Scots Vote on a Second Independence Referendum, Bucking Theresa May
What a long, strange, referendum-filled trip it’s been.
On Wednesday, Scottish parliament was set to vote to give its government a mandate for a second referendum on Scottish independence from Great Britain.
This follows British Prime Minister Theresa May’s declaration last week that “now is not the time” for a second referendum on Scottish independence, which she believes should not be held until after the completion of negotiations for Britain itself to leave the European Union. While May is set to trigger those talks by the end of the month, they’ll likely take until at least 2019 to complete.
May’s comments didn’t sit well with Nicola Sturgeon, first minister of Scotland, and don’t seem to have gone down well with the Scottish parliament, either. And since Sturgeon’s Scottish Nationalist Party has roughly half the seats in parliament and will probably be joined in this matter by the Greens, it’s likely to vote to back Sturgeon’s plans for a second referendum before “it is too late to choose an alternative path.”
Wednesday’s vote marks the conclusion of two days of debate. Sturgeon opened it by saying, “As a result of the Brexit vote we know that change is now inevitable — the question is what kind of change is right for Scotland and whether that change is made for us or by us.”
The first referendum on Scottish independence was held in the summer of 2014, and failed, with only about 45 percent backing independence. Then-prime Minister David Cameron urged Scots to look beyond his unpopularity when voting: a vote to break the 300-plus-year union would be permanent, he argued.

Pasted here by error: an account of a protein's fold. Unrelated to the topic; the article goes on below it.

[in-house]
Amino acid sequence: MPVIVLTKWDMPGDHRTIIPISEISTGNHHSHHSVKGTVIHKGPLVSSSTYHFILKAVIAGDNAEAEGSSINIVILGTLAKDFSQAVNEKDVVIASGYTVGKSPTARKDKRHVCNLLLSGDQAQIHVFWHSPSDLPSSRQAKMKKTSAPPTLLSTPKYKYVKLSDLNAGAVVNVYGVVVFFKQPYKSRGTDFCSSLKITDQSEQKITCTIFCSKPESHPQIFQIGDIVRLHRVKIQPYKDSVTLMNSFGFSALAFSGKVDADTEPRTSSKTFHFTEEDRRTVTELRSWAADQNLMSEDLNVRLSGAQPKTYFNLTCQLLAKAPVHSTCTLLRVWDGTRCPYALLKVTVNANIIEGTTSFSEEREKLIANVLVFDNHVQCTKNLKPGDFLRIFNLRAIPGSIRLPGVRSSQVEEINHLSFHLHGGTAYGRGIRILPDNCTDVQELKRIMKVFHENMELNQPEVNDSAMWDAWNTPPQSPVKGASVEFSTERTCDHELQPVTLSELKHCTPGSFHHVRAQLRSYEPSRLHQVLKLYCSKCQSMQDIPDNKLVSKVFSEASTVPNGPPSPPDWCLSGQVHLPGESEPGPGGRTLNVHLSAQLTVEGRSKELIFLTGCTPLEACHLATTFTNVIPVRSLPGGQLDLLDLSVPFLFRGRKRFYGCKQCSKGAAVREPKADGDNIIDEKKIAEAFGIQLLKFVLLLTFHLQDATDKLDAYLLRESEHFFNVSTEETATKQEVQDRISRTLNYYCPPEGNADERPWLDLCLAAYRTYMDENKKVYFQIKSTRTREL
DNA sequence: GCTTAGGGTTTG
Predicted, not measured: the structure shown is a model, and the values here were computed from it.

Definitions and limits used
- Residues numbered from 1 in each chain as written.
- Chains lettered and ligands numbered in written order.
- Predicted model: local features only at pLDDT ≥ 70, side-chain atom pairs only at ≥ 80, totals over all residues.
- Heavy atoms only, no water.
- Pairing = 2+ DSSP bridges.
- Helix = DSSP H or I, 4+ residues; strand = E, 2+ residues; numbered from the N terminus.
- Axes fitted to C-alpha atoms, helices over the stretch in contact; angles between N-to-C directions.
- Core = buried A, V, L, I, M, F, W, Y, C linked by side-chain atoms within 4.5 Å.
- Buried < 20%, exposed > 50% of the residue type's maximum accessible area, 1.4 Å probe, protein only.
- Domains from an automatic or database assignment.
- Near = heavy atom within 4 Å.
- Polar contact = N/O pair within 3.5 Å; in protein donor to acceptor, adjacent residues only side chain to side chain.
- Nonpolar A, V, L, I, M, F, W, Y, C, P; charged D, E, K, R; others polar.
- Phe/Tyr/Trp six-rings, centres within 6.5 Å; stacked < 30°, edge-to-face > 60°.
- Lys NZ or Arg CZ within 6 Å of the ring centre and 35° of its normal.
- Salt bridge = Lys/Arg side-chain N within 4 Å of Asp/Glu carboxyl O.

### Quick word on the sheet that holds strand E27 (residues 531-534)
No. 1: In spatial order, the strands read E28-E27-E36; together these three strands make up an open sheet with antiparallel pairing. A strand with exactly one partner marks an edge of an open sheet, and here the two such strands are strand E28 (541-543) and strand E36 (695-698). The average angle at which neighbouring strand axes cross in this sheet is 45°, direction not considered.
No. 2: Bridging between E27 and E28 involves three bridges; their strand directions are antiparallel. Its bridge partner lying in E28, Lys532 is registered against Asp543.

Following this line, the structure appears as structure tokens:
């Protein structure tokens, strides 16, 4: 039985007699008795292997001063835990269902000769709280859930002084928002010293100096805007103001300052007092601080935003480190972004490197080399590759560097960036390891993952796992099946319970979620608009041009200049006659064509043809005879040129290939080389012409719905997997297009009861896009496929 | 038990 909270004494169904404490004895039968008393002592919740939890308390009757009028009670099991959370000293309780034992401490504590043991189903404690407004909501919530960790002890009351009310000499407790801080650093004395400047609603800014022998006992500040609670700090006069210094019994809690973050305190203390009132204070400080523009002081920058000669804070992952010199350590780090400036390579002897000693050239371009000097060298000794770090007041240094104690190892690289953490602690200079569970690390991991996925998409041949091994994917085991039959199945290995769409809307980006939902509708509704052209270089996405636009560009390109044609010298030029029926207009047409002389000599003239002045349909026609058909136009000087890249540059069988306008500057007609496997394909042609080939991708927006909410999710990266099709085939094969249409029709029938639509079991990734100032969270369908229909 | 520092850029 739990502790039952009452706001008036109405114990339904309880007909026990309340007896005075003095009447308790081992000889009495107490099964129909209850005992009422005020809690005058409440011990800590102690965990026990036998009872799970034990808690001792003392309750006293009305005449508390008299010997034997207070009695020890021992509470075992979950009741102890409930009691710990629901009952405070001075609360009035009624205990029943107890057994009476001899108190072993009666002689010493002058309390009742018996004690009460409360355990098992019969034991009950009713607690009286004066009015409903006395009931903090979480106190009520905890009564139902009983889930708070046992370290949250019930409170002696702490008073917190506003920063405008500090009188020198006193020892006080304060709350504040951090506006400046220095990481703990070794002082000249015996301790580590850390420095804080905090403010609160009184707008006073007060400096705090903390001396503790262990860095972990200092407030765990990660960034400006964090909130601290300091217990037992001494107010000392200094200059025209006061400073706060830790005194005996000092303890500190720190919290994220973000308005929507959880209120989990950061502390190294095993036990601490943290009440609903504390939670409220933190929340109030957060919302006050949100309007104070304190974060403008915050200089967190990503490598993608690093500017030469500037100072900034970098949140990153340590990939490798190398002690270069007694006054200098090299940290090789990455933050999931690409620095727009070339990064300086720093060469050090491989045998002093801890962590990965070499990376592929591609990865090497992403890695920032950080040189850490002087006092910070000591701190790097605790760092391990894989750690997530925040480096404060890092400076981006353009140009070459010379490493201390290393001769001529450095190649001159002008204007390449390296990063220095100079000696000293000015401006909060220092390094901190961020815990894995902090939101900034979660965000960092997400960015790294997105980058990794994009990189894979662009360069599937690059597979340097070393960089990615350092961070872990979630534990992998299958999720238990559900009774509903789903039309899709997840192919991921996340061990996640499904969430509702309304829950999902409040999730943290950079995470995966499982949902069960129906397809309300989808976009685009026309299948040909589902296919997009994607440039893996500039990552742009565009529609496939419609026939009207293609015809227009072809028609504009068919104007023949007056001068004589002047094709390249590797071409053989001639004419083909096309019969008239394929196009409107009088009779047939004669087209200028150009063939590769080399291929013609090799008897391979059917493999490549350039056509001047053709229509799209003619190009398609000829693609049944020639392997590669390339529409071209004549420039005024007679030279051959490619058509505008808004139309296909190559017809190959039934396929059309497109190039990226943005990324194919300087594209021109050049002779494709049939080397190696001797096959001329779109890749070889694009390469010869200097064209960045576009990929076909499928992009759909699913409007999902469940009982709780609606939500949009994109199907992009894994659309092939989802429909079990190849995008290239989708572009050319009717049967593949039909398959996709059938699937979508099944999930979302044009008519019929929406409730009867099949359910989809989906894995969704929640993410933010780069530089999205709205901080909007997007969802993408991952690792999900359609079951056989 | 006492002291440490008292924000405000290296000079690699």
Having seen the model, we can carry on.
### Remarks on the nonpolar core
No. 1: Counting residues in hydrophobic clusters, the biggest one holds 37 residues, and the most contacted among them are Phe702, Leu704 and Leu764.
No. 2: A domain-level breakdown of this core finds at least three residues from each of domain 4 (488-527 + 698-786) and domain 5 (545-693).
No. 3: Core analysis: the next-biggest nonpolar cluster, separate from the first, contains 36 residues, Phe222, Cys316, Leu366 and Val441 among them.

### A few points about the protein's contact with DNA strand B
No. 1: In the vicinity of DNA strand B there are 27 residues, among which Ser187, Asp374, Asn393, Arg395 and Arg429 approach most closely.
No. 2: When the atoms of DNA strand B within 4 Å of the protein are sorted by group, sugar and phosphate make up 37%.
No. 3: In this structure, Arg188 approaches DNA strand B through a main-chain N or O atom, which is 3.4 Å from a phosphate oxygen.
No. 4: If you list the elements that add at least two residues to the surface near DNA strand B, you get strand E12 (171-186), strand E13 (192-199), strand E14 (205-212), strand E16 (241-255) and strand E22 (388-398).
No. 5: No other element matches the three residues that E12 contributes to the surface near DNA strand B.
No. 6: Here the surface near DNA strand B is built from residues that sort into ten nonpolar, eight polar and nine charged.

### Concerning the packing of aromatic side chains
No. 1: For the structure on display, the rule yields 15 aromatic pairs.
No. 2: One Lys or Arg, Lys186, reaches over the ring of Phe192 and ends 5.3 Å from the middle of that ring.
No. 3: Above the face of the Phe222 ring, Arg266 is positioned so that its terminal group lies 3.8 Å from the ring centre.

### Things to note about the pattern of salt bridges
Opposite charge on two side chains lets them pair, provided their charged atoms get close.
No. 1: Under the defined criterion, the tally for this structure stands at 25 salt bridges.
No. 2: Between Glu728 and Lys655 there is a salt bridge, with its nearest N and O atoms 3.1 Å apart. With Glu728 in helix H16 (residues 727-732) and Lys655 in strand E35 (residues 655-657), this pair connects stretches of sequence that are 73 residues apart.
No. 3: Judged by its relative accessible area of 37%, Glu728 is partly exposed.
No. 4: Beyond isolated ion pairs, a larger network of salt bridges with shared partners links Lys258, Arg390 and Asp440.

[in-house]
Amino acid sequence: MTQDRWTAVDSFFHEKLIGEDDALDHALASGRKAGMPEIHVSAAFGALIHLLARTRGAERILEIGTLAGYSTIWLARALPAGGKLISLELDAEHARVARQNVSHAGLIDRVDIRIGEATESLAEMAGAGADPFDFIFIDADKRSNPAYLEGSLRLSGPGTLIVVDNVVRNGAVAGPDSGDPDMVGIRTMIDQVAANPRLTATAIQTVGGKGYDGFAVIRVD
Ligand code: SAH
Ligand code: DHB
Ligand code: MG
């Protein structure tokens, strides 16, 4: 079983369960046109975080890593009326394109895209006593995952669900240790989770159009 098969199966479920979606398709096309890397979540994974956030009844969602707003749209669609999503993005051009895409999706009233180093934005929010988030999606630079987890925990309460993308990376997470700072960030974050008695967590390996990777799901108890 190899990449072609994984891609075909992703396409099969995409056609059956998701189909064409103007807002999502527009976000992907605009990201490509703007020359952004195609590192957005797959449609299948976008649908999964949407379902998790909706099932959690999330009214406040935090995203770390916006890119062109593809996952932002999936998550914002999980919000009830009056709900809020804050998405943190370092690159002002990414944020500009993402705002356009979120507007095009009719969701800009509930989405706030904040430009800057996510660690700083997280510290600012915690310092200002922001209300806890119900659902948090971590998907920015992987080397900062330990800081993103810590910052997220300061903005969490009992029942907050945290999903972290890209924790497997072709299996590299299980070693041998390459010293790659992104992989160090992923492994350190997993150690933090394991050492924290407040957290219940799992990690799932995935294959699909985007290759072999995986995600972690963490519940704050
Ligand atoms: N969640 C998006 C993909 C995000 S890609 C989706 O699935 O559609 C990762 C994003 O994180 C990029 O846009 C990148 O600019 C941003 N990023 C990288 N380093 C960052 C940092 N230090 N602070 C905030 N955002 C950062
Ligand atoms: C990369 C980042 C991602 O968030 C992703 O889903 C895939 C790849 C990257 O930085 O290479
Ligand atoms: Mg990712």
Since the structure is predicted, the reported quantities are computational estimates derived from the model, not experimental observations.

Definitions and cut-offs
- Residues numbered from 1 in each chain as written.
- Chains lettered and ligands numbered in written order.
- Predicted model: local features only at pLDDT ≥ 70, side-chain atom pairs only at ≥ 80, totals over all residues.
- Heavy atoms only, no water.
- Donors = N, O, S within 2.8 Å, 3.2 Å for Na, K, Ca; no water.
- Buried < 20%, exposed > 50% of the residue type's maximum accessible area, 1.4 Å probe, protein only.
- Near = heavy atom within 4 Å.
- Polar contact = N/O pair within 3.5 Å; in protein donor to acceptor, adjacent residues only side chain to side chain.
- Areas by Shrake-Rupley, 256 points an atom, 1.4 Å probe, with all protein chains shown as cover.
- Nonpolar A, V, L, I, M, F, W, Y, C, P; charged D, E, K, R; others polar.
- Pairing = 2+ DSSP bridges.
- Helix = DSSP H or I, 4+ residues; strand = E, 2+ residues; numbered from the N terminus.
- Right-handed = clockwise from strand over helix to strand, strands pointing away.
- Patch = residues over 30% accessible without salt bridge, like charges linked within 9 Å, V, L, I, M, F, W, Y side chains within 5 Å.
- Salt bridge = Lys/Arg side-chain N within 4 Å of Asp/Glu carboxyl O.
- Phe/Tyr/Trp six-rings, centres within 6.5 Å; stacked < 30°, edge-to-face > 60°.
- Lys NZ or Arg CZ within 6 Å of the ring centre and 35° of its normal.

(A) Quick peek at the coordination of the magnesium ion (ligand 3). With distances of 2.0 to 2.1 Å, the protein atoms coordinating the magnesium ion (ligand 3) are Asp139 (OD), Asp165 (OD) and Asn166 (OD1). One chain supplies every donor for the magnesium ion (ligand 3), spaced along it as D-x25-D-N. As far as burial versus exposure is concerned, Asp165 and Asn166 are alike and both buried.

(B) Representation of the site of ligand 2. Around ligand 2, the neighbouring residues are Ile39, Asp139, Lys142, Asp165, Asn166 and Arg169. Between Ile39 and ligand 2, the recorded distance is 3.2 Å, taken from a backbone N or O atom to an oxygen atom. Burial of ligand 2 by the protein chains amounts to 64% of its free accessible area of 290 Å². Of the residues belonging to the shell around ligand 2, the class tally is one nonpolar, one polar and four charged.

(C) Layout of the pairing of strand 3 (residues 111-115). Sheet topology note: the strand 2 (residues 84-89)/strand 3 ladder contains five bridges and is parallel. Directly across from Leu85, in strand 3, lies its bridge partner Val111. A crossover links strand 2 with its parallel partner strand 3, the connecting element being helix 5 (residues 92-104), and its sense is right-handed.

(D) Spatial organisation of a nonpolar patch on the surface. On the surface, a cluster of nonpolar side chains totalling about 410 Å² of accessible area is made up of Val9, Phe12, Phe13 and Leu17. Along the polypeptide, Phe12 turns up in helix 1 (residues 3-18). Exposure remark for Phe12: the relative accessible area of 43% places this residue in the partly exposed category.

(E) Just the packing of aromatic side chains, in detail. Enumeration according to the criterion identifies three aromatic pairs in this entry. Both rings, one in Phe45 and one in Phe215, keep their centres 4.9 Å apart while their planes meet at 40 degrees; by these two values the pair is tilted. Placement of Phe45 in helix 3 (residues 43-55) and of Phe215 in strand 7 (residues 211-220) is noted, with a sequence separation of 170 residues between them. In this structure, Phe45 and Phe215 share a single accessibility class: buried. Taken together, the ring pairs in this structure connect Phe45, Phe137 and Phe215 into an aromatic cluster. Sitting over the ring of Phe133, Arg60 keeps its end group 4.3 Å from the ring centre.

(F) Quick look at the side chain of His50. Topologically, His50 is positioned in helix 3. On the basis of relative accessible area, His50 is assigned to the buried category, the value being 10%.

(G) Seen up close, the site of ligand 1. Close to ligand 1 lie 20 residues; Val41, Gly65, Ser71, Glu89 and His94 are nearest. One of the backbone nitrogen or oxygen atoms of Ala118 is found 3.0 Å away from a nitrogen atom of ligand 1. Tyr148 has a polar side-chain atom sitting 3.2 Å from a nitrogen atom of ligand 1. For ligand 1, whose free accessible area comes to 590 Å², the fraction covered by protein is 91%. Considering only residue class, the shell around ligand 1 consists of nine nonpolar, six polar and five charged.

One reason the Scottish “no” vote prevailed: Scots wanted to stay in Europe, which would have been tougher if they bailed out of Great Britain. Now, the situation is reversed: Scots voted overwhelmingly against Brexit last summer, and many see Scottish independence as they only way to stay inside the EU. (Many in Europe are willing to welcome them with open arms, though Spain — with its own restless regions — is leery of setting a dangerous precedent.)
Lawmakers suspended their sitting out of respect for their “sister Parliament,” outside of which there was an attack that Scotland Yard is at present treating as a “terrorist incident,” delaying their decision as to whether the best way to remain really is to leave after all.
Update, March 22 2017, 12:03 pm ET: This post was updated to reflect that the vote was suspended.
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